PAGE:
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Three Key considerations for biodiversity conservation in multilateral agreements

Burgass, MJ, Larrosa, C, Tittensor, DP, Arlidge, WNS, Caceres, H, Camaclang, A, Hampton, S, McLaverty, C, Nicholson, E, Muposhi, VK, Pinto, CM, Rowland, J, Stevenson, S, Watermeyer, K and Milner-Gulland, EJ 2020, Three Key considerations for biodiversity conservation in multilateral agreements, Conservation Letters, pp. 1-10, doi: 10.1111/conl.12764.

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Title Three Key considerations for biodiversity conservation in multilateral agreements
Author(s) Burgass, MJ
Larrosa, C
Tittensor, DP
Arlidge, WNS
Caceres, H
Camaclang, A
Hampton, S
McLaverty, C
Nicholson, EORCID iD for Nicholson, E orcid.org/0000-0003-2199-3446
Muposhi, VK
Pinto, CM
Rowland, JORCID iD for Rowland, J orcid.org/0000-0001-9831-681X
Stevenson, SORCID iD for Stevenson, S orcid.org/0000-0003-4589-352X
Watermeyer, K
Milner-Gulland, EJ
Journal name Conservation Letters
Article ID e12764
Start page 1
End page 10
Total pages 10
Publisher Wiley
Place of publication Hoboken, NJ
Publication date 2020-09-02
ISSN 1755-263X
1755-263X
Keyword(s) Aichi Targets
biodiversity policy
Convention on Biological Diversity
environmental law
Multilateral Environmental Agreements
sustainable development goals
Science & Technology
Life Sciences & Biomedicine
Biodiversity Conservation
Biodiversity & Conservation
PROGRESS
SMART
Summary It is nearly three decades since the world recognized the need for a global multilateral treaty aiming to address accelerating biodiversity loss. However, biodiversity continues to decline at a concerning rate. Drawing on lessons from the implementation of the current strategic plan of the Convention on Biological Diversity and the 2010 Aichi Targets, we highlight three interlinked core areas, which require attention and improvement in the development of the post‐2020 Biodiversity Framework under the Convention on Biological Diversity. They are: (1) developing robust theories of change which define agreed, adaptive plans for achieving targets; (2) using models to evaluate assumptions and effectiveness of different plans and targets; and (3) identifying the common but differentiated responsibilities of different actors/states/countries within these plans. We demonstrate how future multilateral agreements must not focus only on what needs to be done but also on how it should be done, using measurable steps, which make sense at the scales at which biodiversity change happens.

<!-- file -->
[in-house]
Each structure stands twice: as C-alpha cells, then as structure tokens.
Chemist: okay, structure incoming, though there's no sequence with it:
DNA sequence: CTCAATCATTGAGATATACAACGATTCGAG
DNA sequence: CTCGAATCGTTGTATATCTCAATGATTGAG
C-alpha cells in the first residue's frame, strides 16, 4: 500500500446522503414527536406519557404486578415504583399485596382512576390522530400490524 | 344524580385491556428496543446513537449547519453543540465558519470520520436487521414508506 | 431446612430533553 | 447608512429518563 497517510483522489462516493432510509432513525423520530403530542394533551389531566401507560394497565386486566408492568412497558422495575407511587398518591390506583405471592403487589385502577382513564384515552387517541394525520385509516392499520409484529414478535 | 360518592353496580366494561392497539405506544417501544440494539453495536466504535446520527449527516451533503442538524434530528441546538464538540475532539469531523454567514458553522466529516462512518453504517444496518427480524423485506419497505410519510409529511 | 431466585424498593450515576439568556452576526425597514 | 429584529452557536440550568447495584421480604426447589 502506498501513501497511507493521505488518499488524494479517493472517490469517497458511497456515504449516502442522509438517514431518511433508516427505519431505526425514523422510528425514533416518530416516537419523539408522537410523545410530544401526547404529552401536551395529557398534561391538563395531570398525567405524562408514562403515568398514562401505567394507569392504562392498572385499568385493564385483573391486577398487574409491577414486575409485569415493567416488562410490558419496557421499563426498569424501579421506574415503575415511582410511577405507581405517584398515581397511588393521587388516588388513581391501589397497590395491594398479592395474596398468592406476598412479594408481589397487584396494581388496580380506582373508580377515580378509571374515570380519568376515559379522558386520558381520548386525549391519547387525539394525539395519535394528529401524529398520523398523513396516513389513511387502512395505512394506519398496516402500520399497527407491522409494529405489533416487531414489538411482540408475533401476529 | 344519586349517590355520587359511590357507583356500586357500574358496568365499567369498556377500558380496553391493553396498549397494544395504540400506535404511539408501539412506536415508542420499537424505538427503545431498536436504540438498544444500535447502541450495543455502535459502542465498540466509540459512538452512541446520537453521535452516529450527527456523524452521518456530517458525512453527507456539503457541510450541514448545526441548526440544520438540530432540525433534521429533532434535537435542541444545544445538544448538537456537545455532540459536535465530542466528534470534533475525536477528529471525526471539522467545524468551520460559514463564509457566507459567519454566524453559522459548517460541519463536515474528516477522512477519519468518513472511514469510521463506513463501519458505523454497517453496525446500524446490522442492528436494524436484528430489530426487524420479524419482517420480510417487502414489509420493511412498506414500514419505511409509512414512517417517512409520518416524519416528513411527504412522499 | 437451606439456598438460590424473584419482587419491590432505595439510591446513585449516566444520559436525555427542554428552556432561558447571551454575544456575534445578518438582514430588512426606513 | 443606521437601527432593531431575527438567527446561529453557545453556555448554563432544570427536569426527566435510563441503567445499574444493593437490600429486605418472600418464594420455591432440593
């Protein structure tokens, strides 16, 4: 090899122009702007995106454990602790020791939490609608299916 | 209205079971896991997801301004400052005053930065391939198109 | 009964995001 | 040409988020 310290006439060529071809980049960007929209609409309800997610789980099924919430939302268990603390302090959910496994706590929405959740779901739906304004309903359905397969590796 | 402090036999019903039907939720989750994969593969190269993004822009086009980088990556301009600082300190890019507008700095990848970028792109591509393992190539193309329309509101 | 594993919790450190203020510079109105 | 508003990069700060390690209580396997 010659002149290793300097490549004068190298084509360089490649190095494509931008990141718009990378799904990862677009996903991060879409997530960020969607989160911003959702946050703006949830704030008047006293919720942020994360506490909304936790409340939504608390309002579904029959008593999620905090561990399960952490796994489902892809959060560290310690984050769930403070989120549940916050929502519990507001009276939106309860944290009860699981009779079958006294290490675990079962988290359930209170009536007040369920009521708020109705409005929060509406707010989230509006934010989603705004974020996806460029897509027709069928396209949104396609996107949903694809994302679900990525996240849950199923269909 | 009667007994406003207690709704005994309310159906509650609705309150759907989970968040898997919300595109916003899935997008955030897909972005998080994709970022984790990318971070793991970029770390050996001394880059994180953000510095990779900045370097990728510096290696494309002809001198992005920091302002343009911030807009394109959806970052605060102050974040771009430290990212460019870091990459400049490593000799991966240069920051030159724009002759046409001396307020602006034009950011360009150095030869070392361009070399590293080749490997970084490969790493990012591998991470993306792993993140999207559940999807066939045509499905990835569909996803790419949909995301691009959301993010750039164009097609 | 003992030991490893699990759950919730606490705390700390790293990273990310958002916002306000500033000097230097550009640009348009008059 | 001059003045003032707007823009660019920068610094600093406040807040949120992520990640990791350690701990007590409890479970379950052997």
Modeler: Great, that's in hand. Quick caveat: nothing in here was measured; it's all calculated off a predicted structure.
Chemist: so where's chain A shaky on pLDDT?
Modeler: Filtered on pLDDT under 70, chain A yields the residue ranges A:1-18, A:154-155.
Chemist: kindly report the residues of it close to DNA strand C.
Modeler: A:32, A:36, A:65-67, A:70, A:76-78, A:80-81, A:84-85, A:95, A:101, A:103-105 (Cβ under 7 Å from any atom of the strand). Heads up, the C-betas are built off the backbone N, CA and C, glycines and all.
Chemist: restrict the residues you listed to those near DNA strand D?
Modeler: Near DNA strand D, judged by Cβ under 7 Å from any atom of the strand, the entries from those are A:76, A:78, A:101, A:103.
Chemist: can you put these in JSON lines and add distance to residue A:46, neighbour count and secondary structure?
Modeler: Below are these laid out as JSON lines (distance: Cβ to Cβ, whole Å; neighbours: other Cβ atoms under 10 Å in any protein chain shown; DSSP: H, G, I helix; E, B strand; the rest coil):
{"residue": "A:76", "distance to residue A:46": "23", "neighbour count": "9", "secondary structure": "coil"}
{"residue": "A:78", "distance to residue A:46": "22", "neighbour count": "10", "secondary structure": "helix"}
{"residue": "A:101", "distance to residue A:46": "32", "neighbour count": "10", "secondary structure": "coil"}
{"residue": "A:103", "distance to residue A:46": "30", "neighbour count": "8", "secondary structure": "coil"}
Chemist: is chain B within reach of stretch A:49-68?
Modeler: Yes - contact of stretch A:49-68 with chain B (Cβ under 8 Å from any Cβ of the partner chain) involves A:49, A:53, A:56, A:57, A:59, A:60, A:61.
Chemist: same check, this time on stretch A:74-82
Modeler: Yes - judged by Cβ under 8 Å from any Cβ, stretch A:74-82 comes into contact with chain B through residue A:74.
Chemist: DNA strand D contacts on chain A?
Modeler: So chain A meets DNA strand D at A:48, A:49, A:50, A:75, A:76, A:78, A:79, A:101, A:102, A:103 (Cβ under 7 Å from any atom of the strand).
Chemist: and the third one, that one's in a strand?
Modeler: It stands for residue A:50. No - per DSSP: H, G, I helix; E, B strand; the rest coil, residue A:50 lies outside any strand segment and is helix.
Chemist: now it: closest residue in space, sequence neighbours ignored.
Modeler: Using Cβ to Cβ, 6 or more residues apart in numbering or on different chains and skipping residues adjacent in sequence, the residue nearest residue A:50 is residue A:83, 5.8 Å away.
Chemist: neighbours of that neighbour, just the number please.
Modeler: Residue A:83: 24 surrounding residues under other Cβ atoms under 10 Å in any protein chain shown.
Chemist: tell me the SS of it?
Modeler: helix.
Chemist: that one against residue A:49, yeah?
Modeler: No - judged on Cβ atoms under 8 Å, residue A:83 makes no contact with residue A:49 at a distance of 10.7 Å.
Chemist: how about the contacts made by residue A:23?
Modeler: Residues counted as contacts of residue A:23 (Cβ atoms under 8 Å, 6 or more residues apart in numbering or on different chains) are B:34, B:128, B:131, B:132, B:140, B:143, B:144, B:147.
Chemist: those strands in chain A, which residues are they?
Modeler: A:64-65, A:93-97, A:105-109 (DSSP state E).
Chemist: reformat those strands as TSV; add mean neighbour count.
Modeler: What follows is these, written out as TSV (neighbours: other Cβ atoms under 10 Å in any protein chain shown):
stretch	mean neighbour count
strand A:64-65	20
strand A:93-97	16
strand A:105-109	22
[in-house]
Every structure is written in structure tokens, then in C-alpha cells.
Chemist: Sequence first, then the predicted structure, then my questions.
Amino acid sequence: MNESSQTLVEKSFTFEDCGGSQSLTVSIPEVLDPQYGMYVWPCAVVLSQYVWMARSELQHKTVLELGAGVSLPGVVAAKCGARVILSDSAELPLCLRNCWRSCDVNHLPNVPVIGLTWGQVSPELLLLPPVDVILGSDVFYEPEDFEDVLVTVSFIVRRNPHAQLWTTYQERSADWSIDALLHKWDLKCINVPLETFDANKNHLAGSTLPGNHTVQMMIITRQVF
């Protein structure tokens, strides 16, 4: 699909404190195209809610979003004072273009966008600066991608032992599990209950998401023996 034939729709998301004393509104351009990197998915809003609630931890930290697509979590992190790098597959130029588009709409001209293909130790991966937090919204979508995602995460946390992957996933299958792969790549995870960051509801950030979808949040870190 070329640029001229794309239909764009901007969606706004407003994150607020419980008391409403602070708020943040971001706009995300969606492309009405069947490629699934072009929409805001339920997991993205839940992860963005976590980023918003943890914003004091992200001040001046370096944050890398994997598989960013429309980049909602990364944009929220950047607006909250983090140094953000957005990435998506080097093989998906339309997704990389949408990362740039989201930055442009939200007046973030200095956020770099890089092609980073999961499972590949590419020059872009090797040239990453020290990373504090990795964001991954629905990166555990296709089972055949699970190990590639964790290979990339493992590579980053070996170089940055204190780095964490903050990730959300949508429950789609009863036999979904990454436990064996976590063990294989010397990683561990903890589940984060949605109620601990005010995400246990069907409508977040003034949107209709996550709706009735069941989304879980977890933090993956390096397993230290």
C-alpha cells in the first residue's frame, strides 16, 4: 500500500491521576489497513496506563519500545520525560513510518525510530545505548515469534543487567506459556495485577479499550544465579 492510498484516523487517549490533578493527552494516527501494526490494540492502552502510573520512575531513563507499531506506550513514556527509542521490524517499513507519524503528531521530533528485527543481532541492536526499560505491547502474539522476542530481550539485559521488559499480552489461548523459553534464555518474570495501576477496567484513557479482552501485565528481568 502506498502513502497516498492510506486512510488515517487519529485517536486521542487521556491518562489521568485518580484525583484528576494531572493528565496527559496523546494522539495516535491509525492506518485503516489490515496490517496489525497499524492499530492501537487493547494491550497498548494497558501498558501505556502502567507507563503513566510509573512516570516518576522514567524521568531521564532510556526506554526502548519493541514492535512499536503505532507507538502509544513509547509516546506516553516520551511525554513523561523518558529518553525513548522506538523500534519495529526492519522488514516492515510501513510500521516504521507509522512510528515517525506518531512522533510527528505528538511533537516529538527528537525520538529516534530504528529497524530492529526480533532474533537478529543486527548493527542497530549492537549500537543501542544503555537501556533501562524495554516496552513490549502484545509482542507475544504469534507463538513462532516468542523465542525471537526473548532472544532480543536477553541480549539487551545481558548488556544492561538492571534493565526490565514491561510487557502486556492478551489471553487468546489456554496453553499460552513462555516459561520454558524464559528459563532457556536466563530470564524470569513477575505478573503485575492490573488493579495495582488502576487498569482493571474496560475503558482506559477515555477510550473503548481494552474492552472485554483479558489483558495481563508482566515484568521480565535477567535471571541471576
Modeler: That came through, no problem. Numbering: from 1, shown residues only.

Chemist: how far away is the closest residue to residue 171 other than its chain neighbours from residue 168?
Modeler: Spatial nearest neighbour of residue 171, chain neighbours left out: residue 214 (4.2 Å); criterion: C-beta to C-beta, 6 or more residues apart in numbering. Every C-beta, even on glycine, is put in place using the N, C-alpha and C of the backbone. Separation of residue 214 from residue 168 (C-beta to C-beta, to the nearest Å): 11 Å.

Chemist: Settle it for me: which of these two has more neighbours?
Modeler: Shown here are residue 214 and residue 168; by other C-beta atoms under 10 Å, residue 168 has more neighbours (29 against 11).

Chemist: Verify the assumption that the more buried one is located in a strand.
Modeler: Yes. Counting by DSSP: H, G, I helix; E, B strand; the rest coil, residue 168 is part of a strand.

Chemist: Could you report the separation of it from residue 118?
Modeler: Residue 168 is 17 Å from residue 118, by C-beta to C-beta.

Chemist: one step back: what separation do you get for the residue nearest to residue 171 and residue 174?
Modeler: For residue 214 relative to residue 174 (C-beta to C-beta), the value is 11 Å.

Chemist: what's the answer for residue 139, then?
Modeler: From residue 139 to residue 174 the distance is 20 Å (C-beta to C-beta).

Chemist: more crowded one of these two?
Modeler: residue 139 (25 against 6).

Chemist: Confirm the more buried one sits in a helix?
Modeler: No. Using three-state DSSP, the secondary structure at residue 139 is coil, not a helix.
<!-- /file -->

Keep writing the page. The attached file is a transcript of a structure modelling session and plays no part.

Language eng
DOI 10.1111/conl.12764
Indigenous content off
HERDC Research category C1 Refereed article in a scholarly journal
ERA Research output type C Journal article
Copyright notice ©2020, The Authors
Free to Read? Yes
Use Rights Creative Commons Attribution licence
Persistent URL http://hdl.handle.net/10536/DRO/DU:30141937

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Every reasonable effort has been made to ensure that permission has been obtained for items included in DRO. If you believe that your rights have been infringed by this repository, please contact drosupport@deakin.edu.au.